|Publication number||US5327479 A|
|Application number||US 07/886,642|
|Publication date||5 Jul 1994|
|Filing date||20 May 1992|
|Priority date||20 May 1992|
|Also published as||CA2113839A1, CA2113839C, DE69329053D1, EP0596078A1, EP0596078A4, EP0596078B1, WO1993023946A1|
|Publication number||07886642, 886642, US 5327479 A, US 5327479A, US-A-5327479, US5327479 A, US5327479A|
|Inventors||Robert M. Engelke, Kevin Colwell, Ronald W. Schultz|
|Original Assignee||Ultratec, Inc.|
|Export Citation||BiBTeX, EndNote, RefMan|
|Patent Citations (7), Non-Patent Citations (2), Referenced by (52), Classifications (7), Legal Events (5)|
|External Links: USPTO, USPTO Assignment, Espacenet|
The present invention relates to telecommunication devices for the deaf in general, and, in particular, to improve telecommunication devices for the deaf which offer increased conversation-like ability while maintaining compatibility with existing devices already in use.
Persons who are deaf or hearing impaired who cannot hear well enough to use the telephone commonly make use of communication terminals specifically constructed in design to enable such persons to converse over telephone lines. Such devices are referred to as telecommunication devices for the deaf, or TDD's, and include both a keyboard and a display connected to the telephone through a modem (modulator/demodulator). The modem is typically built into a TDD connected either by hard wiring directly to a telephone line or through an acoustic coupler which couples the modem to a normal telephone handset. TDD's are normally capable of transmitting information over a telephone line by means of coded tones to another compatible TDD connected at the opposite end of the telephone line through another modem.
There are several protocols that are used for transmitting digital information through analog lines such as telephone lines. The most commonly used information protocol in the electronics industry is referred to as ASCII (American Standard Code for Information Interchange). The ASCII code was designed for and is most commonly used for information interchange between computers. However, largely due to historic reasons, TDD's have operated on a different protocol, originally developed specifically for TDD communication. This TDD protocol is referred to here as the Baudot/Weitbrecht, or standard Baudot, and includes both a specific 5-bit Baudot code and a frequency shift keying (FSK) protocol of electronic communication. The standard Baudot communication is simplex, that is to say it is capable of only transmitting in one direction at one time. Therefore, during normal TDD communication, one station must be silent while the other is transmitting. It has become a convention that one TDD user informs the other TDD user when it is the other user's turn to utilize the communication link.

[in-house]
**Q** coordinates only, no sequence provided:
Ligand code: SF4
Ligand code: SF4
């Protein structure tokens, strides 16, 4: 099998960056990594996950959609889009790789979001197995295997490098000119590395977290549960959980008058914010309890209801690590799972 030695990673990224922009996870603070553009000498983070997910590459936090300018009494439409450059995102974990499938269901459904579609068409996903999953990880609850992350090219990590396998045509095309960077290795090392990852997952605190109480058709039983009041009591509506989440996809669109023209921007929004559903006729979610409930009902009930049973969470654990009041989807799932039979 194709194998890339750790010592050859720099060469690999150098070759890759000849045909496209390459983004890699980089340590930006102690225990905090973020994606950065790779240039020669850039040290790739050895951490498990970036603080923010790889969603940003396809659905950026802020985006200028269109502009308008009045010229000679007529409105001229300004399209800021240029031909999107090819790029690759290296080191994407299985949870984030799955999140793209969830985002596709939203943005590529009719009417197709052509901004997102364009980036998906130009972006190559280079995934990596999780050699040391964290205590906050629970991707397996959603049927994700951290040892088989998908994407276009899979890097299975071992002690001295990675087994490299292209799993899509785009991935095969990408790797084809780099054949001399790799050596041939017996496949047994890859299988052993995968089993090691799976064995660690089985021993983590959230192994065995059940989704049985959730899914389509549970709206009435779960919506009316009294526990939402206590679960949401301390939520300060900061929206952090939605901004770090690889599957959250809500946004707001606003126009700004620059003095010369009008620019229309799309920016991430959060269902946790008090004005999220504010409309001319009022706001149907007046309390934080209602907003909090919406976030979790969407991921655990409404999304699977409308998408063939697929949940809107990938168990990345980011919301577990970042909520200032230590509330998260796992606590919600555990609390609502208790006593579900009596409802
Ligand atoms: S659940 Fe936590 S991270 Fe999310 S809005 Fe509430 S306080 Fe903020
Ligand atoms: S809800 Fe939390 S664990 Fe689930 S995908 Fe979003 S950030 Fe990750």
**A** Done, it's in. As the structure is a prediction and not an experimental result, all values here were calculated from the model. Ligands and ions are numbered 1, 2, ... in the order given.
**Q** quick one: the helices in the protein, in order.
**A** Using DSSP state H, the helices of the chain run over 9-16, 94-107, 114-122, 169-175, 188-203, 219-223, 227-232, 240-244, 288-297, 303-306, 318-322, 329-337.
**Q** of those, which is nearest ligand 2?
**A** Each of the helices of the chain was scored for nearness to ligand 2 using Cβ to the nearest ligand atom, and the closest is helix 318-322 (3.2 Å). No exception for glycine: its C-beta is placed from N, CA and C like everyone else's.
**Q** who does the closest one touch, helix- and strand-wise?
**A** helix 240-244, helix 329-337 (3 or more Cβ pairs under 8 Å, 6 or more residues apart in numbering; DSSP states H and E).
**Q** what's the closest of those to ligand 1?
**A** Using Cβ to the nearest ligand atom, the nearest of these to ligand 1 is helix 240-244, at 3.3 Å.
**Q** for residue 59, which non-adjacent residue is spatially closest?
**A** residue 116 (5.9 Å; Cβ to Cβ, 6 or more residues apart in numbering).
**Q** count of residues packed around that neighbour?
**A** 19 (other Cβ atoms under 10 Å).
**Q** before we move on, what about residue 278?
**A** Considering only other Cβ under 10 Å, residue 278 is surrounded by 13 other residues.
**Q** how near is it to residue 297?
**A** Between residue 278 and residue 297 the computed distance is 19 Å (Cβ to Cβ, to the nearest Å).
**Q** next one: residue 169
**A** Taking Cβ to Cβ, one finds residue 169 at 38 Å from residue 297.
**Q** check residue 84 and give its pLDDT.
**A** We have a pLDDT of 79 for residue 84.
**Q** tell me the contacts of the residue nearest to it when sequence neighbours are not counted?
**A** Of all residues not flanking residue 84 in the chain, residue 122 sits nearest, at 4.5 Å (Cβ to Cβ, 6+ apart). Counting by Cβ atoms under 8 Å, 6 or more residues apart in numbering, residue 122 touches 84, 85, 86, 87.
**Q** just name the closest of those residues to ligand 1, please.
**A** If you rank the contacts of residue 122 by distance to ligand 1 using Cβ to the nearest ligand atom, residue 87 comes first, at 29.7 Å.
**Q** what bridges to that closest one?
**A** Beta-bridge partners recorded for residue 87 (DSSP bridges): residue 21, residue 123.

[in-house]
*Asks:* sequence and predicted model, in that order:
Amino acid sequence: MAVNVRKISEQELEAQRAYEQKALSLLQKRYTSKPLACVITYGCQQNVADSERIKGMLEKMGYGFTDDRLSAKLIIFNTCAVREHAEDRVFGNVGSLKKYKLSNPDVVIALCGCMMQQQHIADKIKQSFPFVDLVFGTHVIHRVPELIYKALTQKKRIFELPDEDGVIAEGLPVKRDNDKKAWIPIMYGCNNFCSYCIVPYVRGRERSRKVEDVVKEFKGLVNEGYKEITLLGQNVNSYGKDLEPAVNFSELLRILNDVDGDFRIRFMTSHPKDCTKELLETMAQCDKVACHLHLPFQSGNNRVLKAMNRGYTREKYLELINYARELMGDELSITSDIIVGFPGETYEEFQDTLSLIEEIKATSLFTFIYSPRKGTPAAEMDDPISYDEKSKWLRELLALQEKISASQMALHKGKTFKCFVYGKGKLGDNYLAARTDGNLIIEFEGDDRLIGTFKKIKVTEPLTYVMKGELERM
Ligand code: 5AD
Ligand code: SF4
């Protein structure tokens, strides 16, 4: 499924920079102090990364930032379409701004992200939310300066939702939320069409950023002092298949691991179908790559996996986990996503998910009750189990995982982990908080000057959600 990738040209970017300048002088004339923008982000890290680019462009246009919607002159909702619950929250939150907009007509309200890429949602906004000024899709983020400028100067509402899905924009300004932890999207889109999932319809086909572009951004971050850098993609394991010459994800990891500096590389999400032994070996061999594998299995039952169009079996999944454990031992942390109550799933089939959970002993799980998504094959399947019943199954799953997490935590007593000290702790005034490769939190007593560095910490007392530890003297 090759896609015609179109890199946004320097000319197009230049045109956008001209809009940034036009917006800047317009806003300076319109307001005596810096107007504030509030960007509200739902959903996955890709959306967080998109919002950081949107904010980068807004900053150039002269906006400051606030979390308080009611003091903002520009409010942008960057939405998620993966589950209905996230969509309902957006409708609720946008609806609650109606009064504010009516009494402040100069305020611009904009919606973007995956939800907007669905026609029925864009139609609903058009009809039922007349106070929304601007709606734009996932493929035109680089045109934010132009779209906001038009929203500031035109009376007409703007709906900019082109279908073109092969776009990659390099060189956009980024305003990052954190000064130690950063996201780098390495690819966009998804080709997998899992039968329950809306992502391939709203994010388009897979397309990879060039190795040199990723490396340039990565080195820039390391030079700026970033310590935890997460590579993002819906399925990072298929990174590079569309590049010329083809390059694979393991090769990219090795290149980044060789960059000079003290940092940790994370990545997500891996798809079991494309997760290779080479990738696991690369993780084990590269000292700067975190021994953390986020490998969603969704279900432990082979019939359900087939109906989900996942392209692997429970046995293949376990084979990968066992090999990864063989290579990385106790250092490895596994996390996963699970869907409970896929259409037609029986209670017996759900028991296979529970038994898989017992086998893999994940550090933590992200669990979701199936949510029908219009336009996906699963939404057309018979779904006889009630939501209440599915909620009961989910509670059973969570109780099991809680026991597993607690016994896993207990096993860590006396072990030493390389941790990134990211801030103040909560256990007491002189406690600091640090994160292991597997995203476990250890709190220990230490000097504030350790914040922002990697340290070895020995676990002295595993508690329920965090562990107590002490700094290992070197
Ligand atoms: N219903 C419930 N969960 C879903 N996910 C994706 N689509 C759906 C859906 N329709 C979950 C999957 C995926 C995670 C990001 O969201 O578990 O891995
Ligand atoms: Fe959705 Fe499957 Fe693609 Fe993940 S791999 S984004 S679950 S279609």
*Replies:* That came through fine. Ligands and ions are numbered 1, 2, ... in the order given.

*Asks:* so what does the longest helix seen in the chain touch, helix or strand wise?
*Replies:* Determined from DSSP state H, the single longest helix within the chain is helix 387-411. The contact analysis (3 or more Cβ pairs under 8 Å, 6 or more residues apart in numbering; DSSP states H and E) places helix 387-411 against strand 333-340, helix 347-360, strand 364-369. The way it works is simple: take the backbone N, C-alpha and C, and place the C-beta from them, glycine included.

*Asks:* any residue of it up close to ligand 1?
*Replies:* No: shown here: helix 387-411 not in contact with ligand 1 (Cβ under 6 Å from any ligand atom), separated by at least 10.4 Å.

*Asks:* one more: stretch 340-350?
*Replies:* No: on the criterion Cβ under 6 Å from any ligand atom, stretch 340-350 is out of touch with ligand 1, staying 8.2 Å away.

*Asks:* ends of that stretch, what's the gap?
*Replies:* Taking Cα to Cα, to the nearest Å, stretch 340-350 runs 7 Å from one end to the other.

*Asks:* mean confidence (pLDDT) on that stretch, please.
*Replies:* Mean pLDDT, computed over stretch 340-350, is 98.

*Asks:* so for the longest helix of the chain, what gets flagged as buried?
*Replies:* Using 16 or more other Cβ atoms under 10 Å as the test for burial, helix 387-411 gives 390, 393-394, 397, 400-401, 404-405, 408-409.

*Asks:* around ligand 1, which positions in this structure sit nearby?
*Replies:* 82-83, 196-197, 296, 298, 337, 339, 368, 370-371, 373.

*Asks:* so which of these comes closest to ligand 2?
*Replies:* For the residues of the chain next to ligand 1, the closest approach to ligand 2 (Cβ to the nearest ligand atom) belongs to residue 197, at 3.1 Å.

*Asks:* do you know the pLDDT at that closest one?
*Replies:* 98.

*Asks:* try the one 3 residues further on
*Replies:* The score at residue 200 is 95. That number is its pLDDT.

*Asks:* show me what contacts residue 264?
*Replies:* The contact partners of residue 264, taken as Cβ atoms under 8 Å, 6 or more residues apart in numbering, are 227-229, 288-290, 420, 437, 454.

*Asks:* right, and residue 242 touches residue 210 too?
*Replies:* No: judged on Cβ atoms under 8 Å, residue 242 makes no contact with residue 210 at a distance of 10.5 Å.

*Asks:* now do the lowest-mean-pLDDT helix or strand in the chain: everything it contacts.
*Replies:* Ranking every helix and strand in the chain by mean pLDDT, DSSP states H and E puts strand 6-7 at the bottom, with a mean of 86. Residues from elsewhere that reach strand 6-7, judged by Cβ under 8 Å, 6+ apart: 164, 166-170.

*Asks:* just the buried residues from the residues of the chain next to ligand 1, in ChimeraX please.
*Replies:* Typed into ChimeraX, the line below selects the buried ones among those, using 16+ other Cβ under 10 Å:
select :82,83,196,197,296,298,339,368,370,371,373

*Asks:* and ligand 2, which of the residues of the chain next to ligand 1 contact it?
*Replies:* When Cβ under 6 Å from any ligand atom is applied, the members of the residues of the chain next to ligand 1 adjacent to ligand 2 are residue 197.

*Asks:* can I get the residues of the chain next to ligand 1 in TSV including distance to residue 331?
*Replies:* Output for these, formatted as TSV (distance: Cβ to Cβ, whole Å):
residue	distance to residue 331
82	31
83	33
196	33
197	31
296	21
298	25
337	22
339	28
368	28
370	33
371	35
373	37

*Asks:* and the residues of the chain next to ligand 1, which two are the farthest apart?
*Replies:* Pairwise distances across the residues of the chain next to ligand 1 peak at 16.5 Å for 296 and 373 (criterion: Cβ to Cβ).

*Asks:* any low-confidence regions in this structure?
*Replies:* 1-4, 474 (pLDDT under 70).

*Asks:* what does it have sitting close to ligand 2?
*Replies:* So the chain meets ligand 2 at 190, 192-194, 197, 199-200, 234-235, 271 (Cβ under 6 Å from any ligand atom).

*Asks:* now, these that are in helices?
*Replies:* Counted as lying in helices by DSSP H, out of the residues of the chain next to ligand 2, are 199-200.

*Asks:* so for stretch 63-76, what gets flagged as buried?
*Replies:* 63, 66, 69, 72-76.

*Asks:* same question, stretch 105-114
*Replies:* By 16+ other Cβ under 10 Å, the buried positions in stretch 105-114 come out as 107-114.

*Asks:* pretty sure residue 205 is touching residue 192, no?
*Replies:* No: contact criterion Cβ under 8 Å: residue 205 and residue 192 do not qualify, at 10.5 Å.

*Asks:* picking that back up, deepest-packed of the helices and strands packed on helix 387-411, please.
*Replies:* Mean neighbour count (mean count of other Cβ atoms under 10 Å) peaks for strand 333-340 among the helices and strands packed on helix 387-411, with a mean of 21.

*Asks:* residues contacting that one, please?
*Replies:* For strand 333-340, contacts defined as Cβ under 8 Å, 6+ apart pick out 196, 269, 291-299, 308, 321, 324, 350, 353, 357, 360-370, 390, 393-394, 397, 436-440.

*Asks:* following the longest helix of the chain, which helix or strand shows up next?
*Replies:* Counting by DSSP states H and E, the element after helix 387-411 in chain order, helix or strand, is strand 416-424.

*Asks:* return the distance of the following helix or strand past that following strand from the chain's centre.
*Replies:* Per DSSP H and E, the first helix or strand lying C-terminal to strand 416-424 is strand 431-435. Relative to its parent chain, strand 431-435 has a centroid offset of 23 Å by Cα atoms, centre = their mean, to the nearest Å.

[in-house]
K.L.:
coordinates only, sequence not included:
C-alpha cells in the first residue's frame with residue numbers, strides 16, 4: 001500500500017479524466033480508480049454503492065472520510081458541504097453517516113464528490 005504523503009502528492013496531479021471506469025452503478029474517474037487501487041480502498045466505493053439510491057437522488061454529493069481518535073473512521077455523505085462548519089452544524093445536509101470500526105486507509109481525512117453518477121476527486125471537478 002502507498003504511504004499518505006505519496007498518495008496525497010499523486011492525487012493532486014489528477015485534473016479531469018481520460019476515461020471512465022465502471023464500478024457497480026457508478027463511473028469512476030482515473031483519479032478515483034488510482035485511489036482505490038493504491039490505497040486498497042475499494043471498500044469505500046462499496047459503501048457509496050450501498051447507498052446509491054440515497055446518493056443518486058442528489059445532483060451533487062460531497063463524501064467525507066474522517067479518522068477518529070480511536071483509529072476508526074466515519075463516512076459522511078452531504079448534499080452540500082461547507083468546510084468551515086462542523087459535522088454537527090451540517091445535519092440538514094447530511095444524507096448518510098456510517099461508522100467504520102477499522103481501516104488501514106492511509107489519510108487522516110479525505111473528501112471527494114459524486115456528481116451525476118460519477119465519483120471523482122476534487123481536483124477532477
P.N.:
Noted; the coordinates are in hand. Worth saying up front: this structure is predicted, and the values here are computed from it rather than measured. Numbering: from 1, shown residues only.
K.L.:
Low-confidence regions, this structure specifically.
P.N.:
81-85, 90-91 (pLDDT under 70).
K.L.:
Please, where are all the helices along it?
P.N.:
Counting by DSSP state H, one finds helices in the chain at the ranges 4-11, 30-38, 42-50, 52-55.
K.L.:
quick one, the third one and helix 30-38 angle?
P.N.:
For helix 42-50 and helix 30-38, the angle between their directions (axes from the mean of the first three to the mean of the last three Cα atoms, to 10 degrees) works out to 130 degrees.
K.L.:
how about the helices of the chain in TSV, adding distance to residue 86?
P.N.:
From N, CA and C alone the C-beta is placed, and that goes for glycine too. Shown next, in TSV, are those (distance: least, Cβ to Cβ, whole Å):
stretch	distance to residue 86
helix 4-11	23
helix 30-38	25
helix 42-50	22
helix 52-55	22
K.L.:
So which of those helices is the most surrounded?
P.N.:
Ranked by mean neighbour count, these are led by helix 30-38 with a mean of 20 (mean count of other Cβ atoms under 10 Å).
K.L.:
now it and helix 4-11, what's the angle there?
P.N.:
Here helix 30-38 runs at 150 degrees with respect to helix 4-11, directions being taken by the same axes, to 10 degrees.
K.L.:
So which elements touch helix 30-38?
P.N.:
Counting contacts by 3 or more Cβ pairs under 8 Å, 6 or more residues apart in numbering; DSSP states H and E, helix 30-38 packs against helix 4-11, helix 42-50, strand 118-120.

The inability of the traditional Baudot/TDD communication network to permit bi-directional or duplex communication of the network created by this form of communications has been an inadequacy since its inception. Under current TDD/Baudot communication protocols, if both users attempt to transmit at the same time, each station will only display to the user the characters it is transmitting. This is because standard Baudot TDD's are designed to give priority to transmission. Since prior TDD's cannot receive data while transmitting, when transmitting standard TDD's make no attempt to receive incoming characters. This creates obvious difficulties in the use of TDD systems for communication between individuals and makes such communication not similar to normal human communication. As in even a brief monitoring of oral communication between hearing individuals will indicate, human speech is characterized by constant interruptions and interchange. The current TDD/Baudot communication network is incapable of handling such interruptions and interjections, and hence is less similar to audible human conversations than would be desired in an ideal system.
In addition, it is often desired that during a TDD communication that one user be able to signal or interrupt the other user. Often, for example, one user may be launched onto a long description, or explanation, which the other user is already aware of or has heard before. In normal human audible conversation, a listener can indicate to the speaker that he has already heard that part of the explanation. In TDD communication, due to the simplex nature of the communication link, the receiver is unable to communicate with the transmitter until the transmission is complete. Since communications can sometimes be quite long, this is a source of frustration and time delay, and hampers normal human tendencies during conversation. Heretofore the standard Baudot/Weitbrecht network has been incapable of handling such tendencies.